Evidence of a Shift in the Short-Run Price Elasticity of Gasoline Demand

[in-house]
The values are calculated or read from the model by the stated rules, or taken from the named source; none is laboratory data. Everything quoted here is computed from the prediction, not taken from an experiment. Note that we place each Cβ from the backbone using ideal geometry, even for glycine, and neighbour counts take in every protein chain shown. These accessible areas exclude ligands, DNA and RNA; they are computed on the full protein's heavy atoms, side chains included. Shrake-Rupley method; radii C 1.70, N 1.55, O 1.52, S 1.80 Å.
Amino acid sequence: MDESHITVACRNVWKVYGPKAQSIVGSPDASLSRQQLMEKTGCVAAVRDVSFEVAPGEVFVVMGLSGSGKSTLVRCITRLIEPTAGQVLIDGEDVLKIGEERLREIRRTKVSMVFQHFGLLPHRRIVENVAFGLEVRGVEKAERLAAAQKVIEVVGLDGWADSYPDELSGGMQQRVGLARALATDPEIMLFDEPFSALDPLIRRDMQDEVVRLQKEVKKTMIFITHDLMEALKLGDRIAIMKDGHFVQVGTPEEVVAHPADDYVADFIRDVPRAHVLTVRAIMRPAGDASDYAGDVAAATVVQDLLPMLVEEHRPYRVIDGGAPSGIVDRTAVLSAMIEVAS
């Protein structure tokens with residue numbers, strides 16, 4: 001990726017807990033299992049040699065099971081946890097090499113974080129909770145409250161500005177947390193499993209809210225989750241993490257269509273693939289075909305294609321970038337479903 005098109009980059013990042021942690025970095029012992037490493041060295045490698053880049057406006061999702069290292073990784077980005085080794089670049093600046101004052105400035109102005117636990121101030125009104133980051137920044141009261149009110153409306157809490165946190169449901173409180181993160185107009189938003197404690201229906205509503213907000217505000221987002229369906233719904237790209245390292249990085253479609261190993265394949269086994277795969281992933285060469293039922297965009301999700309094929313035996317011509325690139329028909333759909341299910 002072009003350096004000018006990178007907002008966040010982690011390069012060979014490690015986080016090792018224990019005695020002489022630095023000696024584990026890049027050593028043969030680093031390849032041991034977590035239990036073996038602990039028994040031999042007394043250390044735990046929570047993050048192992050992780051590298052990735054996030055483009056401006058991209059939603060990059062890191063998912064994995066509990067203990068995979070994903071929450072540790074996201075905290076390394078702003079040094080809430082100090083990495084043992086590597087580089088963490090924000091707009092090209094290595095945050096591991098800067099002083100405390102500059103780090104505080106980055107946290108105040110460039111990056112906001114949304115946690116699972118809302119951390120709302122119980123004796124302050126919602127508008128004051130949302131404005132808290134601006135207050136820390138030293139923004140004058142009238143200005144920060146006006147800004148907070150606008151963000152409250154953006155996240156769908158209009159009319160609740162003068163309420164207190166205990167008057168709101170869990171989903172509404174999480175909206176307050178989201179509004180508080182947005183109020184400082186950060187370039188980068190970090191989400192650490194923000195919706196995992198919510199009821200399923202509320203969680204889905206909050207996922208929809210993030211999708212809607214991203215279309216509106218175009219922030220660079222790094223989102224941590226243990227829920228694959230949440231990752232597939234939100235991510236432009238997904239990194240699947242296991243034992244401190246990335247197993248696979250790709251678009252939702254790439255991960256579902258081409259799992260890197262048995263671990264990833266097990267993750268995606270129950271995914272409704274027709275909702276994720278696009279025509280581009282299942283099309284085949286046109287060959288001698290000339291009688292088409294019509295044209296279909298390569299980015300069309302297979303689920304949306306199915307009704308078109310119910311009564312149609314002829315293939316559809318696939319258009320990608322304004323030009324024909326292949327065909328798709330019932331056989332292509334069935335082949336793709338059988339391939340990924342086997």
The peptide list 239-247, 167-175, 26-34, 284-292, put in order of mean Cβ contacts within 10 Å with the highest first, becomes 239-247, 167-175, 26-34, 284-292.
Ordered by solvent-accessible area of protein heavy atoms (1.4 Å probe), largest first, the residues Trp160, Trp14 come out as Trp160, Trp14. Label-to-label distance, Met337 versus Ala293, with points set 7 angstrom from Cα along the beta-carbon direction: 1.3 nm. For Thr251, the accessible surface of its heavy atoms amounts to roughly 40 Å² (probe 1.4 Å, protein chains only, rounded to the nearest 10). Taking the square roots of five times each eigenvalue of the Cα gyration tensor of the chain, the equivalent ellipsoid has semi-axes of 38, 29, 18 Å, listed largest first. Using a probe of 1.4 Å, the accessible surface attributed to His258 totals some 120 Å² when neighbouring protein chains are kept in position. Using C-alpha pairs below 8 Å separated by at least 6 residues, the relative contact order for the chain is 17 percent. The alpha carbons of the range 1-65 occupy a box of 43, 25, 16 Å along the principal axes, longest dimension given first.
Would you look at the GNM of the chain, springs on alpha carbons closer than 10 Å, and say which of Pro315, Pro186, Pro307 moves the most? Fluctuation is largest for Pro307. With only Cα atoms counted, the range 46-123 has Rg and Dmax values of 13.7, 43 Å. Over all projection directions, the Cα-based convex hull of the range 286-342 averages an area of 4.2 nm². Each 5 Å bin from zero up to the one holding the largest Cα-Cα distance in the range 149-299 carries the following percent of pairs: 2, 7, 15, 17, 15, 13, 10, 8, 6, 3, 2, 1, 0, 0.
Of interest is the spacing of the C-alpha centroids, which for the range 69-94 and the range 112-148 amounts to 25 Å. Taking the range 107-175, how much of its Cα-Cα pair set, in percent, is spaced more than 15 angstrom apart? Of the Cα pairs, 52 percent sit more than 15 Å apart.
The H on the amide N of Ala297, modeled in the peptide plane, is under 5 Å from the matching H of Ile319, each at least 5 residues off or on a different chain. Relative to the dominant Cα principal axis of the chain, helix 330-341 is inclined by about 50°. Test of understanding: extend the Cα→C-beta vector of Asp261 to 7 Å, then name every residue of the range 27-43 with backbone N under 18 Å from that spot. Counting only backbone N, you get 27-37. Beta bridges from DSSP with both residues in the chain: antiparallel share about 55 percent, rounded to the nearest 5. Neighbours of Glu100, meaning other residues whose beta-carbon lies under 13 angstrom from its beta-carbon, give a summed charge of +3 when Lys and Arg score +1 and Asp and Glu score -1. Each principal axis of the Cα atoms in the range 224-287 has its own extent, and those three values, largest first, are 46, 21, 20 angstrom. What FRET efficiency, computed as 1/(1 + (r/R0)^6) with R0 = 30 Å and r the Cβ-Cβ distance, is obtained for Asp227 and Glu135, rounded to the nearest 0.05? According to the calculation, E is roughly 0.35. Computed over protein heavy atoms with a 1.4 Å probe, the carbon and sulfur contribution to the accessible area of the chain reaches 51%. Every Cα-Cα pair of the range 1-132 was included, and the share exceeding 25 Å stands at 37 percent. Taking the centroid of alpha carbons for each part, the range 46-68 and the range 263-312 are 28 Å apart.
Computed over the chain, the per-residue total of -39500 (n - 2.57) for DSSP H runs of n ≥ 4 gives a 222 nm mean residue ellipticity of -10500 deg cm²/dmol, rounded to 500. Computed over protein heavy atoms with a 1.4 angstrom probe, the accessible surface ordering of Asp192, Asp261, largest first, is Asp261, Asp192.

Understanding the sensitivity of gasoline demand to changes in prices and income has important implications for policies related to climate change, optimal taxation and national security, to name only a few. While the short-run price and income elasticities of gasoline demand in the United States have been studied extensively, the vast majority of these studies focus on consumer behavior in the 1970s and 1980s. There are a number of reasons to believe that current demand elasticities differ from these previous periods, as transportation analysts have hypothesized that behavioral and structural factors over the past several decades have changed the responsiveness of U.S. consumers to changes in gasoline prices. In this paper, we compare the price and income elasticities of gasoline demand in two periods of similarly high prices from 1975 to 1980 and 2001 to 2006. The short-run price elasticities differ considerably and range from -0.034 to -0.077 during 2001 to 2006, versus -0.21 to -0.34 for 1975 to 1980. The estimated short-run income elasticities range from 0.21 to 0.75 and when estimated with the same models are not significantly different between the two periods. One implication of these findings is that gasoline taxes would need to be significantly larger today in order to achieve an equivalent reduction in gasoline consumption. This, coupled with the political difficulties in adopting gasoline taxes, suggests that policies and technologies designed to improve fuel economy are likely becoming relatively more attractive as a means to reduce fuel consumption.